Salmonella infections, also known as salmonellosis, usually occur after eating meat, chicken, eggs, or products made from eggs that may be raw or undercooked. Once ingested, the salmonella bacteria passes through the stomach and can colonize the small and large intestine. In very rare cases (approximately 5% of all salmonella infections), the salmonella can actually spread to the blood, potentially damaging any organ within the body. A salmonella infection can manifest as a mild stomach flu to an infection with life-threatening complications. For this reason, it is important to be familiar with salmonella food poisoning symptoms and how to treat this condition.
Conditions Caused by Salmonella Infections
Salmonella has three clinical forms:
- Gastroenteritis – When the salmonella infection primarily affects your digestive tract, it is termed gastroenteritis (also known as the stomach flu).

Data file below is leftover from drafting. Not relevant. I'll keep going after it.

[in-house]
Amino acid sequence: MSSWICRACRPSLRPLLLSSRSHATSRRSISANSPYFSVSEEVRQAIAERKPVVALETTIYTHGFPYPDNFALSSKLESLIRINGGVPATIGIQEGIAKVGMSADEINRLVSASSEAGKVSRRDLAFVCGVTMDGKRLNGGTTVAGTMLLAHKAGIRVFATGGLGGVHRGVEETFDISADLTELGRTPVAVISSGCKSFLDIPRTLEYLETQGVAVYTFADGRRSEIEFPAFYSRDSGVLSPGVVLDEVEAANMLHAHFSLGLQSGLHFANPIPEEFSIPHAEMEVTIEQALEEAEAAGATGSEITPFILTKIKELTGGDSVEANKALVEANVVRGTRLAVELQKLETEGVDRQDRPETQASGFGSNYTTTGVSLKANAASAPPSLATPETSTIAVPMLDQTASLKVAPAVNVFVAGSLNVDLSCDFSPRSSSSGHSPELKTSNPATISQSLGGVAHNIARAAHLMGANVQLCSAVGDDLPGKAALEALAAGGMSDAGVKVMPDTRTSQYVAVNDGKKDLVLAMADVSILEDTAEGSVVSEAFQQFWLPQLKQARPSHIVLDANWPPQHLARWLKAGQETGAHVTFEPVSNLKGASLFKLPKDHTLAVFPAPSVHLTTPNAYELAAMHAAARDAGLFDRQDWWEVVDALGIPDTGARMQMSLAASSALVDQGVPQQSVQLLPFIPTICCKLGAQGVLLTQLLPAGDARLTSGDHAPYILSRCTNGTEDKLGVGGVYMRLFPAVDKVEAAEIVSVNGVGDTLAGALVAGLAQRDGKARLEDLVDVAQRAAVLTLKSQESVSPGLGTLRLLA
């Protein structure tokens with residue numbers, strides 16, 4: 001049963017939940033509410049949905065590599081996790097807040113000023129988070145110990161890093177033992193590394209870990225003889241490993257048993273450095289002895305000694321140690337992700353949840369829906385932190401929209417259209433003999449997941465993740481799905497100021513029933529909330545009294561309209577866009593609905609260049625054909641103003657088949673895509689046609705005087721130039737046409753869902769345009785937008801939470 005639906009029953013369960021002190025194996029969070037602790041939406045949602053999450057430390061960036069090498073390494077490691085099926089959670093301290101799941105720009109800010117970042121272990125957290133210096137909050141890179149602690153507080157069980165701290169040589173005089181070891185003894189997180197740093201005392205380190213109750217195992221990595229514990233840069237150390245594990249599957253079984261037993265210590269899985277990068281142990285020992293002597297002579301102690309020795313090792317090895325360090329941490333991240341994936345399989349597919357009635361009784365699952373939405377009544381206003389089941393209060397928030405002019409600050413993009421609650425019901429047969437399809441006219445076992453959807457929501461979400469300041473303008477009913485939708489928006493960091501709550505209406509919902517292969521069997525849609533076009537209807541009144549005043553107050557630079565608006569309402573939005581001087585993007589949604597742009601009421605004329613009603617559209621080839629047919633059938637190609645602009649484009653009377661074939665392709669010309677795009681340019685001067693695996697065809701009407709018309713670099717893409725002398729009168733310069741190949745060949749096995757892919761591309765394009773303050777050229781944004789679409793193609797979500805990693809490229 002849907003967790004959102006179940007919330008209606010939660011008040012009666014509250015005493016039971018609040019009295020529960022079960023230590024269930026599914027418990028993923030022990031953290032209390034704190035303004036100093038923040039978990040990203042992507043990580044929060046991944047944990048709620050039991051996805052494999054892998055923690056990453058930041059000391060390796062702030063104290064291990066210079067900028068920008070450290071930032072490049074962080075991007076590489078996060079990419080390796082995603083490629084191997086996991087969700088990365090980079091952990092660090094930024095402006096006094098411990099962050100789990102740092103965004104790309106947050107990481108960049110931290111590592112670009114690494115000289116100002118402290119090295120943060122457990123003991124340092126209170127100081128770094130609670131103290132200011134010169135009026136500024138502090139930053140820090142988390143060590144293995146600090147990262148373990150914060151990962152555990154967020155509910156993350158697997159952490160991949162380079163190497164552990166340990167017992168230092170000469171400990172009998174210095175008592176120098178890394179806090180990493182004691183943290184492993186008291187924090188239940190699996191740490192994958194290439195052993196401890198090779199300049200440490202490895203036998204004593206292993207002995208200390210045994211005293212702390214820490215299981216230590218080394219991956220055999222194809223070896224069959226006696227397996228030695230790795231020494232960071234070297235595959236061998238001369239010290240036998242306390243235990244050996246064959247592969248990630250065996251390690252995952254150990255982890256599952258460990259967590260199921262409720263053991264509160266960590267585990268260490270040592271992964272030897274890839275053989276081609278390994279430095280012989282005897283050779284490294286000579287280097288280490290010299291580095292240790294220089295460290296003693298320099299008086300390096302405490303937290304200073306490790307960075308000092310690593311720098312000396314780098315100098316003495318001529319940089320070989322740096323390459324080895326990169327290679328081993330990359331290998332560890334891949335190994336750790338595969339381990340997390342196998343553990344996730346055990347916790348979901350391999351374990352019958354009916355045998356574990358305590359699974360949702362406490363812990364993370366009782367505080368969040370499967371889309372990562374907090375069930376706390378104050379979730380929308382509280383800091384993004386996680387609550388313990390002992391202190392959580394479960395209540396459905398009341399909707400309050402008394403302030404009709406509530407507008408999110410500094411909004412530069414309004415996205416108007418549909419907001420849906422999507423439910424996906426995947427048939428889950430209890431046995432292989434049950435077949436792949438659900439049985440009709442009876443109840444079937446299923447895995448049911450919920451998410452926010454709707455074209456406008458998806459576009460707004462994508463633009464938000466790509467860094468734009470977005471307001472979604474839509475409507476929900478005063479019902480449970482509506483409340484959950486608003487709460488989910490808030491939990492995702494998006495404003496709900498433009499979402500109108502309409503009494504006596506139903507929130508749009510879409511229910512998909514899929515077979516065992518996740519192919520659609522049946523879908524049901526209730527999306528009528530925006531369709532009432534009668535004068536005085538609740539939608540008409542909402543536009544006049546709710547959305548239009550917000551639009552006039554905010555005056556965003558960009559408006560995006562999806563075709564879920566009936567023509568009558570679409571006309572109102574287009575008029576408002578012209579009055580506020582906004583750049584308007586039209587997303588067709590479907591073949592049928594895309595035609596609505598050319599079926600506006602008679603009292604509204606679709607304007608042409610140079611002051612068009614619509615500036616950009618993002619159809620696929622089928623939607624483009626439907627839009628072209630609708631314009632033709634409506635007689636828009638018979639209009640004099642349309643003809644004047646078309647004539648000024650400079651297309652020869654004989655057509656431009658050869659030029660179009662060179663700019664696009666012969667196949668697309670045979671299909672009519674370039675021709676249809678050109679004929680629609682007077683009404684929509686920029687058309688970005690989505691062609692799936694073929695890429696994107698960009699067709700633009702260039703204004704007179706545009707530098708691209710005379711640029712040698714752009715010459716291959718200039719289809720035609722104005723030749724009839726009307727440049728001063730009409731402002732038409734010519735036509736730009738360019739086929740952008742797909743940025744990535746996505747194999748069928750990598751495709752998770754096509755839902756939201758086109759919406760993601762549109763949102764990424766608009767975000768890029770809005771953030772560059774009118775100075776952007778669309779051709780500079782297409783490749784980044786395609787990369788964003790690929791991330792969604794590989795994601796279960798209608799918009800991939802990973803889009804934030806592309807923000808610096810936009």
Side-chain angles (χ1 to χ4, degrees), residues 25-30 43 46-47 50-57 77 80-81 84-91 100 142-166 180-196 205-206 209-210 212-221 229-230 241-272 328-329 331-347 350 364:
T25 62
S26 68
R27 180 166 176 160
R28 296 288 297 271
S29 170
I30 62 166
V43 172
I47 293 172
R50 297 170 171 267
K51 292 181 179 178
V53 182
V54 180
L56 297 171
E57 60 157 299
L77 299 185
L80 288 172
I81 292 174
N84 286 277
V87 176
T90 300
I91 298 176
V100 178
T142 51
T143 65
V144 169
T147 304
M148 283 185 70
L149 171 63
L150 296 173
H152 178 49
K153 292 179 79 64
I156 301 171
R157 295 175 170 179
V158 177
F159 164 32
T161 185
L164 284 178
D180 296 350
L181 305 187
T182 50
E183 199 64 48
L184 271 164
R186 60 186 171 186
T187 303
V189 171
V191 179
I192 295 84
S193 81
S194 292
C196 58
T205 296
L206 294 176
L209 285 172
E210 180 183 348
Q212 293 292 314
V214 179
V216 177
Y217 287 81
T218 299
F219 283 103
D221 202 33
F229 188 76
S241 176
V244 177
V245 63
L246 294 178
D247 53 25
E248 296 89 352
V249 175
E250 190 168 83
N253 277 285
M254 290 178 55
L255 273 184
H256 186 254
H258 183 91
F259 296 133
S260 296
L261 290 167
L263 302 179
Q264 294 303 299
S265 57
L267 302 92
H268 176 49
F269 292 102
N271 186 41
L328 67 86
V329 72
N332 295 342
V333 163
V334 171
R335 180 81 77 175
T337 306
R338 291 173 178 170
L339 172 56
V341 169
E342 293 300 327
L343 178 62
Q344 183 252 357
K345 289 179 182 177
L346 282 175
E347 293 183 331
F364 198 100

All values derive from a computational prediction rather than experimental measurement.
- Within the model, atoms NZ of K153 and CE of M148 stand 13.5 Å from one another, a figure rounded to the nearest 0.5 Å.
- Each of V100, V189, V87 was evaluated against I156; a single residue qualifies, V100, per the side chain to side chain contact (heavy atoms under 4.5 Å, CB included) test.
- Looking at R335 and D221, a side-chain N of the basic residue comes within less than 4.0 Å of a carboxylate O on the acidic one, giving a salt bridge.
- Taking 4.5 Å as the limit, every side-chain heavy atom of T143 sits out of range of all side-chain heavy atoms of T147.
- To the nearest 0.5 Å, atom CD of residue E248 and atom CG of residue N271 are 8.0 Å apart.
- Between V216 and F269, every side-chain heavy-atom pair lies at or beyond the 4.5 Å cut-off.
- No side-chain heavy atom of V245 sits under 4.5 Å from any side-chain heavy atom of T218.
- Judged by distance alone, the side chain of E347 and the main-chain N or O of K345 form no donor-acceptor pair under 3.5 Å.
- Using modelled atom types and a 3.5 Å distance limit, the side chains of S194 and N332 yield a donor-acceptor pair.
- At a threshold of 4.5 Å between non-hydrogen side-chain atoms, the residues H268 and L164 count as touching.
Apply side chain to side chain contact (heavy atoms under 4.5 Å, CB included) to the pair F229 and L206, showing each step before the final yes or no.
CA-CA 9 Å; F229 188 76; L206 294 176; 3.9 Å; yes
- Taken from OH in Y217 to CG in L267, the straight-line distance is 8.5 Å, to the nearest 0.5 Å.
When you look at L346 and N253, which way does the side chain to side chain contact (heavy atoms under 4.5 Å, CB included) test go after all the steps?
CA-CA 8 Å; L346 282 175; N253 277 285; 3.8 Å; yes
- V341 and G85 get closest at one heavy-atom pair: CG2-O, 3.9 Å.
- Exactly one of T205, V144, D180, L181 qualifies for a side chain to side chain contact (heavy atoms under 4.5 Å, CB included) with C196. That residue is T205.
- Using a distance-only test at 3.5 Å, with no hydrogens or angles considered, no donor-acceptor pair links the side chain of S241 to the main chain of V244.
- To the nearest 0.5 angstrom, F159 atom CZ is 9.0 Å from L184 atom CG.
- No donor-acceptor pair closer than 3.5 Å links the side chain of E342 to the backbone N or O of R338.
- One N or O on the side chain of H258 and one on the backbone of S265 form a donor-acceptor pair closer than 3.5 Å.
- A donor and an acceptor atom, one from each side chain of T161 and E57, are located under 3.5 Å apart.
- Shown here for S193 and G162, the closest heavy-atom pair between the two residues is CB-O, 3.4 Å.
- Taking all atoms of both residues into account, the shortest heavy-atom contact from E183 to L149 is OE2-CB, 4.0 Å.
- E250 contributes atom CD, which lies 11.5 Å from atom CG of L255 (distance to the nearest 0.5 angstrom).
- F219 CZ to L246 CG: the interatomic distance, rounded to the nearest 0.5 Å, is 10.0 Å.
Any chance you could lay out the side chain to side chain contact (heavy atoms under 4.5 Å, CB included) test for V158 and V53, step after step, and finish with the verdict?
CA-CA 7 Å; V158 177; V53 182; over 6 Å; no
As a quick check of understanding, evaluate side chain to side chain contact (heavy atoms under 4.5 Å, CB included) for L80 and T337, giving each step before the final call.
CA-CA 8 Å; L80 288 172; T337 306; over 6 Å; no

- Enteric Fevers – This type of salmonella infection is very severe and requires prompt treatment with antibiotics. Enteric fevers may accompany gastroenteritis, or may occur after. The most common and most studied form of enteric fever is known as typhoid fever.
- Septicemia – When the bacteria spreads to the blood, it is termed septicemia. The spread of salmonella to the blood is very rare. This is due to the fact that most of the patients who are affected with septicemia include infants, young children, the elderly, and patients who have compromised immunity.
The Incubation Period of Salmonella Infections
Salmonella food poisoning symptoms may take a few hours to around 2 days before they manifest. This period of time is known as an incubation period, which is the time it takes for the bacteria to cause symptoms related to the illness.
Salmonella infections causing enteric fever may take up to three weeks before they develop.